Let’s use twitter as an example. When discussing moving to another non-twitter platform, one of the platforms suggested was made by… the same person who founded twitter. There was talk of Threads which is owned by Meta who has been in literal senate hearings for disrupting the democratic process. There was talk of platforms that were missing accessibility features. There was talk of moving to platforms that were a bit more complex to use. There were places that we were asked to move to that had people actively hostile to the idea of people suddenly being there because they wanted more gatekeeping and exclusivity.

What even is safe in these conditions?

Additionally, once I pick that place to land, how do I bring my connections there? I can only plead my case, but that’s also asking everyone I know to move somewhere for me. With that request comes a painful choice of whether or not to leave one or several people behind because that’s what full divestment requires and I don’t know if the weight of that consideration is fully understood at times.

I am on social media to be social on that media. Those connections are on platforms whose only goal is to have you and your social circles entrenched in that platform. Additionally, every place I can think of to move to is suspect on some level.

  • I feel like anything with Meta is spoken for
  • Discord is always in some nonsense or other with AI

That thinking starts to spiral into every platform I use and places me at war with my connections to the world – of which my online connections are not a small part – and my allegiance to my morals. While we can all agree that the answer is doing the best we can, we definitely do not agree on what “the best” is.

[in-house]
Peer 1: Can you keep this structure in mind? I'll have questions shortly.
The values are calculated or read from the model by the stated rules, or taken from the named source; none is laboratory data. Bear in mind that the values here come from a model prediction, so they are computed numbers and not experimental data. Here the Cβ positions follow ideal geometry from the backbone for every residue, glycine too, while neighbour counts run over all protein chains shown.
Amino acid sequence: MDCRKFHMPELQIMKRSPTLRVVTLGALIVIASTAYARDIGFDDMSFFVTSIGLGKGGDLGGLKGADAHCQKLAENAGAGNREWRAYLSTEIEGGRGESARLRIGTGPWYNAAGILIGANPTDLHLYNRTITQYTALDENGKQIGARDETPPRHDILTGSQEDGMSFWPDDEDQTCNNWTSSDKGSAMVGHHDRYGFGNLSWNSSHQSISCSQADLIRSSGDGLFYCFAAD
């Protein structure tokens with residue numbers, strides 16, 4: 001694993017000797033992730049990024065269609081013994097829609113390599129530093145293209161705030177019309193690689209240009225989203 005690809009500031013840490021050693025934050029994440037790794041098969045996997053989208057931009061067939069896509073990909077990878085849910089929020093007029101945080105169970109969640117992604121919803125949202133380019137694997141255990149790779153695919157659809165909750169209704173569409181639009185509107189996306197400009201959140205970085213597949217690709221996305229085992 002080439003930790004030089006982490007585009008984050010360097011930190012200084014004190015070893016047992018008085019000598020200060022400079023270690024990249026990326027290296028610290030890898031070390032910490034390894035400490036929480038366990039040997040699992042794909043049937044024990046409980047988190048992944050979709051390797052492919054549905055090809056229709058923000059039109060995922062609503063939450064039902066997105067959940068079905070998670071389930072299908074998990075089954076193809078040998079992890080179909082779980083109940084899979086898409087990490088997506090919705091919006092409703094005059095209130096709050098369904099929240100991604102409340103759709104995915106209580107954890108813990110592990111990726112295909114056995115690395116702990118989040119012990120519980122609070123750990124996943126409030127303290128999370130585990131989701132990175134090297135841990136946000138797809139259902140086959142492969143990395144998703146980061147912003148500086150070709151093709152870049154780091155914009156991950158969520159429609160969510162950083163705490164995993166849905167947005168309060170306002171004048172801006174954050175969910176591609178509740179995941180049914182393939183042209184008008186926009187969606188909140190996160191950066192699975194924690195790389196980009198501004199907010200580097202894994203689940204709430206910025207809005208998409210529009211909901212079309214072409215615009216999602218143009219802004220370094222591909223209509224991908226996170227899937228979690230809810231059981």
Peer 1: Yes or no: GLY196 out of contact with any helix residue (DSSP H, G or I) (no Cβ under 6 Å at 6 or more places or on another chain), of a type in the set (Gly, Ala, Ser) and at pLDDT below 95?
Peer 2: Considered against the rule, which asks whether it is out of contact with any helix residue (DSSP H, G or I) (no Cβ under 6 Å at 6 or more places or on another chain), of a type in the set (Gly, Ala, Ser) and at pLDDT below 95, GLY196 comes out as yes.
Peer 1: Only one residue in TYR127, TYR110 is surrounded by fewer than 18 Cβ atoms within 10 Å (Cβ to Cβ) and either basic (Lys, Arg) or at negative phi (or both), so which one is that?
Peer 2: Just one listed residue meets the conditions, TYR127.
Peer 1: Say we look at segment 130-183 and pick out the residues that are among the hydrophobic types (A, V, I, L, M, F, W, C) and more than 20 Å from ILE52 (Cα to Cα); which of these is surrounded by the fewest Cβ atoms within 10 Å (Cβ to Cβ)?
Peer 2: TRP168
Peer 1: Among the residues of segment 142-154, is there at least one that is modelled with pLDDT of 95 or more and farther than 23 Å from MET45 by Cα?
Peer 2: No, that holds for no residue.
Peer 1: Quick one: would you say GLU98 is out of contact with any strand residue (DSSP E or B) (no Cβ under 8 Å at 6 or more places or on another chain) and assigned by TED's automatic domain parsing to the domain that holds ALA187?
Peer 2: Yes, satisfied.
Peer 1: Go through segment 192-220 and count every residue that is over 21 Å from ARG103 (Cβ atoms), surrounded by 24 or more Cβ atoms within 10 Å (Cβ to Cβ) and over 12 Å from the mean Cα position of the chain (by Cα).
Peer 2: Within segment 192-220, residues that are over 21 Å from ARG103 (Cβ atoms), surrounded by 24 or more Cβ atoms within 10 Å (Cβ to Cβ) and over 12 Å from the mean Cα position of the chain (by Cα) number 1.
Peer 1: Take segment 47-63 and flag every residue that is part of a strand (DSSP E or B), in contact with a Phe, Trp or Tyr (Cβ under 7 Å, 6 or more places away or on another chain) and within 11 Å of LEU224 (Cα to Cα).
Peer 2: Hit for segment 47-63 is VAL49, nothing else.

For some, anything short of full divestment is betrayal regardless of circumstance. For others, it depends on things like what those platforms connect them to, moderation features, accessibility features, whether or not the new platforms and other places they land are places their friends or other connections would go.

Let’s do this divestment thing!

Before we get into this subject, let’s use this definition for disinvestment (also known as “divestment”):

Disinvestment refers to the use of a concerted economic boycott to pressure a government, industry, or company towards a change in policy, or in the case of governments, even regime change. The term was first used in the 1980s, most commonly in the United States, to refer to the use of a concerted economic boycott designed to pressure the government of South Africa into abolishing its policy of apartheid. The term has also been applied to actions targeting Iran, Sudan, Northern Ireland, Myanmar, Israel, and China.